Is the E-Commerce Boom Over?

The easy growth days for e-commerce may be over, finds new U.S. consumer research by The Boston Consulting Group (BCG).

Even though more than three-quarters of Americans, ranging in age from 15 to 85, have bought something from in the past year, the overall move to online shopping is expected to slow considerably over the next three years, according to a BCG survey of more than 3,300 Americans completed this month.

In 41 categories, from athletic apparel and pet supplies to insurance products and consumer electronics, the vast majority of Americans surveyed — 78 percent to 92 percent, depending on the category — said they don't plan to increase their online spending over the next three years. And in many categories — including baby products and food, beverages, fine jewelry, news and magazines, cars and packages goods — more than a quarter of those already shopping online said they will spend less online in the future.

In other words, more than twice as many people say they'll spend less online over the next three years than those who say they'll spend more online. Strikingly, the intention to keep online shopping at current levels and slow down in many categories is virtually identical among Millennials, Gen-Xers and Baby Boomers.

"Consumers are notoriously unable to predict their spending patterns," said BCG senior partner Michael J. Silverstein, an expert on consumer behavior and retail and packaged-goods innovation. "However, the findings from this research certainly pour cold water on everyone's expectations for a continuously rising e-commerce world. E-commerce winners will have to earn new dollars and new spending by providing new value. That means me-too players will suffer — and leaders will need to provide more user-friendly websites, lower prices and offers tailored to individuals customers."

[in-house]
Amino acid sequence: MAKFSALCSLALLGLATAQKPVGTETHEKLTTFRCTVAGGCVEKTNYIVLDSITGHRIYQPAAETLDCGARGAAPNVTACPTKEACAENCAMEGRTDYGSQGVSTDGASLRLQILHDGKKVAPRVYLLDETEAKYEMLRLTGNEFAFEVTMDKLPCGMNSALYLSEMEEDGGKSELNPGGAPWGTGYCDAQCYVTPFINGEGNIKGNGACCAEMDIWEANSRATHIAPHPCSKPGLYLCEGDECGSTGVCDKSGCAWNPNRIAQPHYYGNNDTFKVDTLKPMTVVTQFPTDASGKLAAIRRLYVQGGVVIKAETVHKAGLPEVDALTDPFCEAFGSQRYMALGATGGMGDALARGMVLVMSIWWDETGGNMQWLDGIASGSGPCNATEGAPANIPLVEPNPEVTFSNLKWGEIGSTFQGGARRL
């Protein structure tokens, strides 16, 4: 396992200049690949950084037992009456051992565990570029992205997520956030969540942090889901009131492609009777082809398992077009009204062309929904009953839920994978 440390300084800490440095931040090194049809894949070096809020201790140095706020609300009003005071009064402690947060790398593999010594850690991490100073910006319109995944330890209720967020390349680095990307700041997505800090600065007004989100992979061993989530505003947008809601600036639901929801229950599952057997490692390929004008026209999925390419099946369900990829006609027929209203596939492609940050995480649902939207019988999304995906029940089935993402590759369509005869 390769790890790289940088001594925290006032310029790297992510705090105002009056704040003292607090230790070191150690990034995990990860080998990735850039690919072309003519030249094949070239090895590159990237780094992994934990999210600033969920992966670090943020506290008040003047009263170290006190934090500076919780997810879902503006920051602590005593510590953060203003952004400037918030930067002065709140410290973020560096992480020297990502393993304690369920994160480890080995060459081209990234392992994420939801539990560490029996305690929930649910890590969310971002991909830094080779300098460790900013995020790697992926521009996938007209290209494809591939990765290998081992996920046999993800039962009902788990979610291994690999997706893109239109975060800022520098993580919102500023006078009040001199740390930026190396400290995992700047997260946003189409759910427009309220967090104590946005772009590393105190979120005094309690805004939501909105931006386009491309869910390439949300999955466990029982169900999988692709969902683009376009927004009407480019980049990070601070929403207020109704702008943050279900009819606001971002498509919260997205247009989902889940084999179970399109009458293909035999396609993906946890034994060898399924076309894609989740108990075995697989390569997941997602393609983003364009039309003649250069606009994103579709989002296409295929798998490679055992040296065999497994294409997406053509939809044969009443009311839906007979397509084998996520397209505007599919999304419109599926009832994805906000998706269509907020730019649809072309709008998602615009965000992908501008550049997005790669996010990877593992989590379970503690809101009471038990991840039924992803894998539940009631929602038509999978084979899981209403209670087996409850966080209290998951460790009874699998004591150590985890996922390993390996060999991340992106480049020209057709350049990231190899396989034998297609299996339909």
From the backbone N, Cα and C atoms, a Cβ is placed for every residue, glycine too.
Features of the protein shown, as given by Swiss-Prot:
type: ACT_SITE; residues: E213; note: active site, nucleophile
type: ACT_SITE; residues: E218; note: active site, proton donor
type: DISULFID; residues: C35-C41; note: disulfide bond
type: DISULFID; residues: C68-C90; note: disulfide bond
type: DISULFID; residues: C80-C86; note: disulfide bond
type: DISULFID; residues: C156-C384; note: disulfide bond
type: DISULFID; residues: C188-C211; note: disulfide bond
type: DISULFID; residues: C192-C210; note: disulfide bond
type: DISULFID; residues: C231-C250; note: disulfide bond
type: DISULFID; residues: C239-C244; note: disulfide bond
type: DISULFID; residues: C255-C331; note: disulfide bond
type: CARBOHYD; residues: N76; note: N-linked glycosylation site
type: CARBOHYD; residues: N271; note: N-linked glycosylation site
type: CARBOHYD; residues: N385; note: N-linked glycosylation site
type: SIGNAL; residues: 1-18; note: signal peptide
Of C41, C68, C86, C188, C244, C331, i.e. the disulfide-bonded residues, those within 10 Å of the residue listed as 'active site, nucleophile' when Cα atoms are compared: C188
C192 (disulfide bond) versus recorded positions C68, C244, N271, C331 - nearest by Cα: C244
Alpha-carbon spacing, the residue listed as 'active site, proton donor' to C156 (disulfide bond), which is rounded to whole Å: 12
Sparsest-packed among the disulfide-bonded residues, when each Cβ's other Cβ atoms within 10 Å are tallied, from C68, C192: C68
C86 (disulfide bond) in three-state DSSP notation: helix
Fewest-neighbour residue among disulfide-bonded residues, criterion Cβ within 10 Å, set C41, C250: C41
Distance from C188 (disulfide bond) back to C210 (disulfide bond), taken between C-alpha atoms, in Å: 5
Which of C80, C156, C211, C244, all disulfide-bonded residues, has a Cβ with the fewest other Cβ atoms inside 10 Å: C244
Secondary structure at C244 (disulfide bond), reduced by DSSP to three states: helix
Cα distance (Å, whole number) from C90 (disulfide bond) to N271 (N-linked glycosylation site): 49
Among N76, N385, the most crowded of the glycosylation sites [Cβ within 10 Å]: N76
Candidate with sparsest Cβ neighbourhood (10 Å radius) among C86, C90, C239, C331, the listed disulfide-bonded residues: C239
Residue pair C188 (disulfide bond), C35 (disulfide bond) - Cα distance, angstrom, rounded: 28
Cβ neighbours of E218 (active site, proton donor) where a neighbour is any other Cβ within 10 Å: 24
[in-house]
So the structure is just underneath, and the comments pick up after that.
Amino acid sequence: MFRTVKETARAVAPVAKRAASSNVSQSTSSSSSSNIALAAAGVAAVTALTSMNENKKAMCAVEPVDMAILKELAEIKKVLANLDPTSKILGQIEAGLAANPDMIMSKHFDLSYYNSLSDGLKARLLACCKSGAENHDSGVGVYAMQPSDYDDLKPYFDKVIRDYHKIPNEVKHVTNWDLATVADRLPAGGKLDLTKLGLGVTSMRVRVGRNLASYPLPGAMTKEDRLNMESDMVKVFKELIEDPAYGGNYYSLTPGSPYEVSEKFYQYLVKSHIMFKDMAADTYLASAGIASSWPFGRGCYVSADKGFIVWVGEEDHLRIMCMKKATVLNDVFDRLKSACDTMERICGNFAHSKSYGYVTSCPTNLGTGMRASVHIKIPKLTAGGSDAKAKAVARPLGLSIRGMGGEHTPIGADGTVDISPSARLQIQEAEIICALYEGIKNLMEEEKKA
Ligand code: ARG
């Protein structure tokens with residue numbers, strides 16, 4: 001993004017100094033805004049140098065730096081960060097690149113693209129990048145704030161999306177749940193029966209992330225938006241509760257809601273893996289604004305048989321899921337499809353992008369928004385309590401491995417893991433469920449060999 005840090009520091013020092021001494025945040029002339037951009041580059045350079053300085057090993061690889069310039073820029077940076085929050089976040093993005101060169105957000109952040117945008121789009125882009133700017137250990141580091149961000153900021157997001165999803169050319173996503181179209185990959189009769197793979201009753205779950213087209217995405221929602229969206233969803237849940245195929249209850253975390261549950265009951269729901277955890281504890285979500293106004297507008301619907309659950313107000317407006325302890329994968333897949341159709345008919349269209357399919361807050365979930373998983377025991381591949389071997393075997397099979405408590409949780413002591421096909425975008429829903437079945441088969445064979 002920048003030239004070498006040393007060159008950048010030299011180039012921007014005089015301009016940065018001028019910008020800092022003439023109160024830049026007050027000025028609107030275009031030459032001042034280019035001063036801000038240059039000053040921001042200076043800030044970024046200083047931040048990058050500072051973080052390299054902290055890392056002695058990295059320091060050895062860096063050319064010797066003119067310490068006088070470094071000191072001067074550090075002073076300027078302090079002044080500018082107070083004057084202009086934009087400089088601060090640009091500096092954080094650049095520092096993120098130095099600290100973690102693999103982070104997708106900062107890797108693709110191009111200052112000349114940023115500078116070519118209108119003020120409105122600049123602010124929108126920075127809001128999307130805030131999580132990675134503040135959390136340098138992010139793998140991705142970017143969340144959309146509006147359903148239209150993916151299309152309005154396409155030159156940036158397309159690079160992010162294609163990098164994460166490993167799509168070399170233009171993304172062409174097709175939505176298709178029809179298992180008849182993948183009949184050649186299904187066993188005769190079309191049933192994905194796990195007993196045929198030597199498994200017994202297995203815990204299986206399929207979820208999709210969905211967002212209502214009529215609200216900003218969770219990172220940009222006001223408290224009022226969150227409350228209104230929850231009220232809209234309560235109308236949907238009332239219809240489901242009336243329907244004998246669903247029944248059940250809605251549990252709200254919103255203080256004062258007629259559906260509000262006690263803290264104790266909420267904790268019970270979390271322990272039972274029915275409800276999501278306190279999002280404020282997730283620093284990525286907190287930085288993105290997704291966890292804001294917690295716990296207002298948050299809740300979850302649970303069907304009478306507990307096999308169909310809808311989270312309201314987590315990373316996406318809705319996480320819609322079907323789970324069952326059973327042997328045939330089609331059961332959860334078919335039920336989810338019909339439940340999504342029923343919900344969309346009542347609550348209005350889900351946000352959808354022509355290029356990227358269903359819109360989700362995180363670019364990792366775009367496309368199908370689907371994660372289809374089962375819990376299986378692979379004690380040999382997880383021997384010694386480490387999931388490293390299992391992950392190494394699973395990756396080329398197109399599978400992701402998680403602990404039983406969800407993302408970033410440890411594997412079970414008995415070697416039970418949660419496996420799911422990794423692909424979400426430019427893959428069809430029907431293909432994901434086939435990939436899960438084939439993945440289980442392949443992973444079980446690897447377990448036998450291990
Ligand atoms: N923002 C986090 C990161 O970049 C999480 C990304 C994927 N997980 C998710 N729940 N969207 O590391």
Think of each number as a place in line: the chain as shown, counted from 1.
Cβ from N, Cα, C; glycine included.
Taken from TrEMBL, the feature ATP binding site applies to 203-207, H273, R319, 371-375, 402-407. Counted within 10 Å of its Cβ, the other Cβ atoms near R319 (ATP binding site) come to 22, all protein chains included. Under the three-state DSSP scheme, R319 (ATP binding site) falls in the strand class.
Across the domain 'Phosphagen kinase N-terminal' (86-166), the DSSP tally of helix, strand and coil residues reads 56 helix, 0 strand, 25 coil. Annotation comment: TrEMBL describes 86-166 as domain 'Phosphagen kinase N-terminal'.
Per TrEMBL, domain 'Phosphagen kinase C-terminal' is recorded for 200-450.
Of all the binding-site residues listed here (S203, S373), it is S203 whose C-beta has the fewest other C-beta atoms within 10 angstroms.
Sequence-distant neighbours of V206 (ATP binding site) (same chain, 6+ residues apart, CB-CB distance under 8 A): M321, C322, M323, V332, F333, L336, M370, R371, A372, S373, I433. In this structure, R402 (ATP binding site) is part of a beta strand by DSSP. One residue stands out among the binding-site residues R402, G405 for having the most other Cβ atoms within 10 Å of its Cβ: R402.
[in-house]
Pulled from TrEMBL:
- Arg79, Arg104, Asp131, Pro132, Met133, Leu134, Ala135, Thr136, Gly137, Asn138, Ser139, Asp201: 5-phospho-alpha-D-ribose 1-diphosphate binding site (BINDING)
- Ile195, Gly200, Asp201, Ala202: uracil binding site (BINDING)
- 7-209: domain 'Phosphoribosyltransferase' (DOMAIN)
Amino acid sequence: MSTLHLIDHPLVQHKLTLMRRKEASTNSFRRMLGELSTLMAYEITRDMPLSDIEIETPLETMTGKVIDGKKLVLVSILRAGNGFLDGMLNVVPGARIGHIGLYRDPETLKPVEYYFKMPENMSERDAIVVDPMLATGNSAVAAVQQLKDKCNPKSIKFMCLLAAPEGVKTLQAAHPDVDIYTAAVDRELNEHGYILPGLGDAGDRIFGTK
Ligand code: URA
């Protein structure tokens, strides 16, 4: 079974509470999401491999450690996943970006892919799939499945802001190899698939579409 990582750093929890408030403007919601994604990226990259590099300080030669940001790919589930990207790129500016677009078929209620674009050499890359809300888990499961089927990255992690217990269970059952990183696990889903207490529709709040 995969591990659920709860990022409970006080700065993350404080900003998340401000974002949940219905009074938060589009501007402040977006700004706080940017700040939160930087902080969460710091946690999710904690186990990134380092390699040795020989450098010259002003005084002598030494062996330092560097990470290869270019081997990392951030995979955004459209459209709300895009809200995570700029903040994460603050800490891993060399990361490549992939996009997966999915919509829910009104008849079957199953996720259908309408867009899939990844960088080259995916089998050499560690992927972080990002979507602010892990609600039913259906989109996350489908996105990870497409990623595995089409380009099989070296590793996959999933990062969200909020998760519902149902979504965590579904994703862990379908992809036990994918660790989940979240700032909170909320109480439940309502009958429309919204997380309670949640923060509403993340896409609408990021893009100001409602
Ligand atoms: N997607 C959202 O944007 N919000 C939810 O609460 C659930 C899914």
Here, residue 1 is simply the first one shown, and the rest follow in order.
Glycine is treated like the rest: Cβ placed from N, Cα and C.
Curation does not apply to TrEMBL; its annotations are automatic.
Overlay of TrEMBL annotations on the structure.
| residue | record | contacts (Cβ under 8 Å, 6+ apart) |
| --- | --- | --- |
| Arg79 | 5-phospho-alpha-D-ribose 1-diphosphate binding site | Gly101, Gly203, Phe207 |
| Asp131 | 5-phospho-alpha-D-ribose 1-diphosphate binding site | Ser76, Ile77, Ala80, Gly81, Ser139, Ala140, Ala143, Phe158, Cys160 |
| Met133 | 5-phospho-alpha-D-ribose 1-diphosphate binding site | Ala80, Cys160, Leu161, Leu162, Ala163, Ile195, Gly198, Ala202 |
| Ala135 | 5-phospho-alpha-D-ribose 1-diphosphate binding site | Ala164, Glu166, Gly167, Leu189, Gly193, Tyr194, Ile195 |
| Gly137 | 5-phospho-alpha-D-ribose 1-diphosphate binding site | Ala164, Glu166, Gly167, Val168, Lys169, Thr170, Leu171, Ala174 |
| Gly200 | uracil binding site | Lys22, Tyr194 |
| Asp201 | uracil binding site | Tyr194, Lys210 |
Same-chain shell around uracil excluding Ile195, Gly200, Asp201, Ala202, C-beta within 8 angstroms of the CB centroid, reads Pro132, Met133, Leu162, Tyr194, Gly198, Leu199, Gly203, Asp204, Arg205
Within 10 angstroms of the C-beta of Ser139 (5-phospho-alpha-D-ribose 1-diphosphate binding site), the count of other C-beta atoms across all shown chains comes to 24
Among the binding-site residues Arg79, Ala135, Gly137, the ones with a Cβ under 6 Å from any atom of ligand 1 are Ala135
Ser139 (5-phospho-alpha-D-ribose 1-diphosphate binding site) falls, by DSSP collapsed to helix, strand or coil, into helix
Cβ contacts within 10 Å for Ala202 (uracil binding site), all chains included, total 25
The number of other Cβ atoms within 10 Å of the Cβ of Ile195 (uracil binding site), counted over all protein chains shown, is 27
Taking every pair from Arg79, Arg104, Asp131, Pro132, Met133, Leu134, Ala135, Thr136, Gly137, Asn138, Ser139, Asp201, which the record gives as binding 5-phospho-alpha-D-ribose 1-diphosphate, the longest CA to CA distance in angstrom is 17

He added, "E-commerce is a channel, like any form of distribution: growth does not continue at a rapid, double-digit rate forever. Most consumer categories have been available online for several years. The 'newness' is gone, and we're looking at mature levels of penetration in many categories," noted Silverstein, coauthor of the recent book Rocket: Eight Lessons to Secure Infinite Growth.

"Right now, online shopping growth is similar to the growth experienced in the 1970s and 1980s by catalog merchants. E-commerce has provided incredible value, enhanced competition and forced land-based retailers to improve their game. But consumers right now are saying, 'I'm happy with my current options,'" he added.

The few categories in which the most respondents said they'll spend more online over the next three years include airline tickets (20 percent of Americans), hotel reservations (20 percent), entertainment tickets and reservations (22 percent), reflecting potential sales growth in experiential consumption as opposed to products.

Said Christine Barton, the BCG senior partner who led the research, "We've done this survey periodically, and this is the first time we've seen such low future intention to increase online spending across categories. The plateau doesn't mean that it's 'game over' for online and omni-channel retailers. But it does suggest that e-commerce growth will now be harder for most of them."

She added, "Consistent with previous studies, men as well as younger generations report more of their purchases online across categories, compared with women and older generations."
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